I think we need to distinguish between our actions as citizens and our actions as professionals. As a citizen, I agree with your views about energy. As a professional, I see it as my job to give whatever advice I can to improve and conserve the landscape, asethetically, ecologically and functionally.
    In the UK, the energy generators lied. They promised that nuclear energy would be cheaper. It never was. But the French seem to be able to make a profit from nuclear generation and if the oil price went to $200 then nuclear power would look like a good buy. I think the health risks exist but that they are exaggerated in the public mind.
    In any case, something needs to be done about nuclear safety. The world has 443 nuclear reactors and this is expected to more than double in the next 15 years, according to the World Nuclear Association. China has 11 reactors in operation and plans to start construction on as many 10 new reactors/year during the next decade, as its electricity usage rises at 12 percent a year. Chinese landscape archtitects should consider how they can contribute to nuclear safety and environmentalism. Ditto India. it has 20 nuclear reactors in operation and expects nuclear power to supply 25% of India’s electricity by 2050 (a tenfold increase from 2011).

  6. Christine

    Good start…landscape planners and other design professionals can surely contribute something to the aesthetic setting of the new ‘industrial’ machinery? (After all the mobile phone has come a long way since the first mobile phone call in 1973!)[ ]

    Already Scotland is combining offshore wind turbines and wave turbines in innovative ways.
    [ ]

  7. Tom Turner Post author

    The optimist in me (often counterbalanced by the pessimist) makes me say ‘Yes definitely’ to the possibility of incorporating new structures into the landscape.
    What a pity the white haired man in 1973 probably did not live to see young men riding their bikes at speed while having a conversation on a hands-free phone.
    My worry about Scotland is that since they recovered their parliament, after a 300 year break, they have been handing out thoughtless money-making planning permissions with a lack of restraint which would make an Irish property developer blush.

  8. Rumen Radanov

    Interesting. Improvements could be achieved in the construction of the building itself, where the reactor is located I suppose, to provide full protection. Because the problem came from the earthquake and the tsunami combined. The mound would not help the quake resistance. 50 m grass mound like the one on the collage picture shows that all these little facilities near the shore on the original photo, which are part of the plant in immediate access to waters need to be relocated. How would this interfere with the process? Also, the stretch, the lenght of the mound is an issue and the overall height of the plant above sea level. I think improvements should be done, starting with the core of the reactor, cause it seems that there was a crack caused by the earchquake which initiate the problem. Starting from inside out we can get to the correct landscape security decision. A series of banks like this one could be even better idea and moving the plant even further inland. Michael, alternative energy is really expensive, in the midst of this recession, no one would be able to provide it in the quantity needed and afford it…in order to maintain our current lifestyle. Any major lifestyle and society change will be met with anger as we see around the world.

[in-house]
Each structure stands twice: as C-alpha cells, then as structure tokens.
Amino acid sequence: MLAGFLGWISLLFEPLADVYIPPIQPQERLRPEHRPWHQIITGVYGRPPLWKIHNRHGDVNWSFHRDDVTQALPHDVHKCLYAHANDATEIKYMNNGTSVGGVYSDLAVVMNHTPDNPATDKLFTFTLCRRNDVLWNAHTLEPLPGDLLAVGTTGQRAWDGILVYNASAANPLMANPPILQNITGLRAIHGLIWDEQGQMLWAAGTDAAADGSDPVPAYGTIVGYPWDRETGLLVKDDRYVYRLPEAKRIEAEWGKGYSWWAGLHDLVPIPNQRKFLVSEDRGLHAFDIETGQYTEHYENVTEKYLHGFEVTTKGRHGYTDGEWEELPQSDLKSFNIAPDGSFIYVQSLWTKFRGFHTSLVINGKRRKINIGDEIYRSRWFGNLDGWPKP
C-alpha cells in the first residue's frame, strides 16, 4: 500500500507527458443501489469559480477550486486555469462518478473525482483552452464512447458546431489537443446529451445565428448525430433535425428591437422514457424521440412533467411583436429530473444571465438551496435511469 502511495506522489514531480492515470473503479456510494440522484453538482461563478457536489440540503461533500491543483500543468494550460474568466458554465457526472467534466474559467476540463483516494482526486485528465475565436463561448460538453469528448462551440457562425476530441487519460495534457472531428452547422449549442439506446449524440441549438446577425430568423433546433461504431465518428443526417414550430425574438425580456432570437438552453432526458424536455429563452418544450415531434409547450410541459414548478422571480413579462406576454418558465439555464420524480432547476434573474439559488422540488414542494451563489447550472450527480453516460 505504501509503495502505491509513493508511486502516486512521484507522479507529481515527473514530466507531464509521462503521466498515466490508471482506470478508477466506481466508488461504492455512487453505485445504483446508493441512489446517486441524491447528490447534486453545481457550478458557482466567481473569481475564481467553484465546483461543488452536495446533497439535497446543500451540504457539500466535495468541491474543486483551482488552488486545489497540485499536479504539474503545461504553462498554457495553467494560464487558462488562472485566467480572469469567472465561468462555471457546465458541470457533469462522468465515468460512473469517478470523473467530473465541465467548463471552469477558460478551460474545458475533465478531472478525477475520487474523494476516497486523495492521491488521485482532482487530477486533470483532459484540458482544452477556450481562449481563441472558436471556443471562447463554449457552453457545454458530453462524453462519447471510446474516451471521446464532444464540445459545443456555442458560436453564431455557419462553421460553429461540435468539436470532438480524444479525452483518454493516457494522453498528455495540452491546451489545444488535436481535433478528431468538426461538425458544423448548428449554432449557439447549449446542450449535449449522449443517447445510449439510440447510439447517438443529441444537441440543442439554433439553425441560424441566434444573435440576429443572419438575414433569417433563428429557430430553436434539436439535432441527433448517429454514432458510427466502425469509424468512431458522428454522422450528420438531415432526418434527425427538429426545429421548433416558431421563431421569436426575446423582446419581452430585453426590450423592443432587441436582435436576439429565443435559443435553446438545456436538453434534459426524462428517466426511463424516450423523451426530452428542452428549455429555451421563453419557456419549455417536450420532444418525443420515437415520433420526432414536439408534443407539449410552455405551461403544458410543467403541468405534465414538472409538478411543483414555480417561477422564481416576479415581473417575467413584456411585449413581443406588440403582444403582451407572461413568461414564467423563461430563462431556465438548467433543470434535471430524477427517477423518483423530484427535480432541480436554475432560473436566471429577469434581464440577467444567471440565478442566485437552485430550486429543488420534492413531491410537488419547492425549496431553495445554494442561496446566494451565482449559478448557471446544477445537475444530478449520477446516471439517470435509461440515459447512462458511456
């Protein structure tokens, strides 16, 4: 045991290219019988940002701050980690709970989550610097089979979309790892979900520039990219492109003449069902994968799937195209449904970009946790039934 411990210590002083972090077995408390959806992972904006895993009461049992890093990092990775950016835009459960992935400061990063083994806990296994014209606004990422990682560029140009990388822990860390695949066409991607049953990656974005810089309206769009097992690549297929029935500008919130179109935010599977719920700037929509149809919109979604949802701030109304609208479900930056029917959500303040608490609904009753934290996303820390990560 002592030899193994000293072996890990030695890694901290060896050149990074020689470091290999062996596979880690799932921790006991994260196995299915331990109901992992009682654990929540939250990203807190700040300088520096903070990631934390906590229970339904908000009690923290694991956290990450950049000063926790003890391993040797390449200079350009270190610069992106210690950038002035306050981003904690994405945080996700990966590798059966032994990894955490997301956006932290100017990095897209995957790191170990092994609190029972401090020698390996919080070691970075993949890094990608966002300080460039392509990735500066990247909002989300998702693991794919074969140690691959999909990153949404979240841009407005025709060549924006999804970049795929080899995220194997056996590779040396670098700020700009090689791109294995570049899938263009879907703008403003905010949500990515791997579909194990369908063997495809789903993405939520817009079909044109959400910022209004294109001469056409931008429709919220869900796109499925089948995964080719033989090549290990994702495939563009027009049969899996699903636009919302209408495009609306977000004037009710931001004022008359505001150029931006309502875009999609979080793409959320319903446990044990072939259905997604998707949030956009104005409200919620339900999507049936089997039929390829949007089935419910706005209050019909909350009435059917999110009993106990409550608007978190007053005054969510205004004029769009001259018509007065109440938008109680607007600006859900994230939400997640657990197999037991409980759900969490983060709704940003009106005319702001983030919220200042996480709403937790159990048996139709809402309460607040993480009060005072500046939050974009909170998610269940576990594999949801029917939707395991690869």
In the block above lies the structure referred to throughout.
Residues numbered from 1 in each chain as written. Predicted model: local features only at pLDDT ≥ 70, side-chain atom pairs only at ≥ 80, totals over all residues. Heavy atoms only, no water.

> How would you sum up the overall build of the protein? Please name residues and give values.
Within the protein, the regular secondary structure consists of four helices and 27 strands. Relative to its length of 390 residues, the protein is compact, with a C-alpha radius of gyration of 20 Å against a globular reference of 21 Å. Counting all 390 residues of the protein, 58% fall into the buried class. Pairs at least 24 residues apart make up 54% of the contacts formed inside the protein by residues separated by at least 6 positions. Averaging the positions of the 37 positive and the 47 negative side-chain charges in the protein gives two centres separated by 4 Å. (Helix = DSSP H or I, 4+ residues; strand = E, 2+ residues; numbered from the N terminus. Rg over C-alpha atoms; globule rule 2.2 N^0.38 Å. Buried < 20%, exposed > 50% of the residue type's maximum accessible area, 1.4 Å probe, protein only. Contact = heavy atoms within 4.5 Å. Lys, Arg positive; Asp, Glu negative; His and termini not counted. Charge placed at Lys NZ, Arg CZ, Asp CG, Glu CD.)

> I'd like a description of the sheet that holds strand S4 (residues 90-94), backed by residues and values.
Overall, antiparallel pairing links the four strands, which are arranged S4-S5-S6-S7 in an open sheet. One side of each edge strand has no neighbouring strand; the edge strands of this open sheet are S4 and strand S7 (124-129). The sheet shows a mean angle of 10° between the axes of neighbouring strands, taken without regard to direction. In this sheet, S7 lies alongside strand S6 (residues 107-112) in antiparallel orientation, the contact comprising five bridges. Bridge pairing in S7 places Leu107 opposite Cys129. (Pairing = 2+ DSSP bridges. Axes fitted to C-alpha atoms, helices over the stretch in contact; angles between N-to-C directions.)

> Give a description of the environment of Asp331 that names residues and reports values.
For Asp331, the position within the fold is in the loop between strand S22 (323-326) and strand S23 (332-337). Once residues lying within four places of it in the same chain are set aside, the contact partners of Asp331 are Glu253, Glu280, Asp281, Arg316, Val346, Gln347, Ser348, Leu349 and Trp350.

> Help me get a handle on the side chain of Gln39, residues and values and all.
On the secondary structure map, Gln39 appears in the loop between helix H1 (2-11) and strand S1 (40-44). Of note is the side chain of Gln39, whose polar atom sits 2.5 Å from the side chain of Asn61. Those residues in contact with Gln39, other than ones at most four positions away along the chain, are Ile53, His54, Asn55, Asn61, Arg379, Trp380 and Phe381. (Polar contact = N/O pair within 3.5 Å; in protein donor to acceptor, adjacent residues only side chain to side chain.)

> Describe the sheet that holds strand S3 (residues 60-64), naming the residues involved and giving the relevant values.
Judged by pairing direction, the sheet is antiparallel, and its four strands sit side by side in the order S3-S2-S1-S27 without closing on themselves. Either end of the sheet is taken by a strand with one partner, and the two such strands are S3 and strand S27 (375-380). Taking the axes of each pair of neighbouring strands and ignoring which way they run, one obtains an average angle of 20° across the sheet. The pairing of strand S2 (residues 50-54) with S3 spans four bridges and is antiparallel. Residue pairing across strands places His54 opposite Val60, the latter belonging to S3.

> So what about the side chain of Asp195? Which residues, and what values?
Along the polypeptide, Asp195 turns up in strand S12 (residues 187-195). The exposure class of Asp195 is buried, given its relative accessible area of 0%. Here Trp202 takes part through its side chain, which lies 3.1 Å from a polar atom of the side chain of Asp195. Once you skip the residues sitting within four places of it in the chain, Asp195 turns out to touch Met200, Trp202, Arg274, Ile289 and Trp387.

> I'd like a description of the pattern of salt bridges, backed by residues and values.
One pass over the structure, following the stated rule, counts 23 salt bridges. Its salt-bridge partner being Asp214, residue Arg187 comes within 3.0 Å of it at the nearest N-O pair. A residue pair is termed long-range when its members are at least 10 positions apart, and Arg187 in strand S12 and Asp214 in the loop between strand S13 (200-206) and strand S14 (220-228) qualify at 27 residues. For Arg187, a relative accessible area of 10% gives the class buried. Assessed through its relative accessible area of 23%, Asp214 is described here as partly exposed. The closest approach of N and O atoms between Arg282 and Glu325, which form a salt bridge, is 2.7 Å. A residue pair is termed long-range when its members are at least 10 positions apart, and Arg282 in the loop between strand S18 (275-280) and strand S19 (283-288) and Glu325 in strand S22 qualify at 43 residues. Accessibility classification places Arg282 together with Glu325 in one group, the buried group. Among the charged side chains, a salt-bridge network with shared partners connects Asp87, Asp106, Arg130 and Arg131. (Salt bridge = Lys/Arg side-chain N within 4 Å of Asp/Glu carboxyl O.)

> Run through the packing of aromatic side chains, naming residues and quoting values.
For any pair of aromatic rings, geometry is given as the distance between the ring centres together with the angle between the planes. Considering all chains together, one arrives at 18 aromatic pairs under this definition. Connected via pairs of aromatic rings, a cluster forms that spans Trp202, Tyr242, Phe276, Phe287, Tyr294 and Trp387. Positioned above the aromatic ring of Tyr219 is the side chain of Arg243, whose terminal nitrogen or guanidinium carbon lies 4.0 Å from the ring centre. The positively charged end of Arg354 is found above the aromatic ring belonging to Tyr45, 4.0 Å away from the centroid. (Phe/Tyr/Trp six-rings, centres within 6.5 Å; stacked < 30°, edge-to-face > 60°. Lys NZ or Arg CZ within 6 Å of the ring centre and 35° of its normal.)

9. Tom Turner Post author

    Retro-fitting and keeping the reactor working would, I am sure, be impossible. But surely the Fukushima site can have no future in power generation – and surely it will need Tsunami-protection for ‘thousands of years’. They have given Chernobyl a concrete jacket but this would not be worrying in an earthquake zone. A very large mound would be earthquake proof and, if high enough, Tsunami-proof. It is a question for engineers, geologists and landscape architects to review. The great thing is NOT to leave the responsibility to optimistic engineers alone. They are too optimistic.

  10. Christine

    Without a great deal of knowledge of the geological and engineering requirements of geothermal and their suitability to Japan, it would seem there is potential to exploit what nature has provided in abundance to produce clean energy in Japan. [ ]

    Perhaps a joint venture between Mannvit [ ] and Toshiba [ ], in consultation with geologists and landscape architects, to fully exploit the geothermal potential of Japan might deliver cheap, reliable, plentiful, locally available, sustainable (in harmony with nature) clean energy?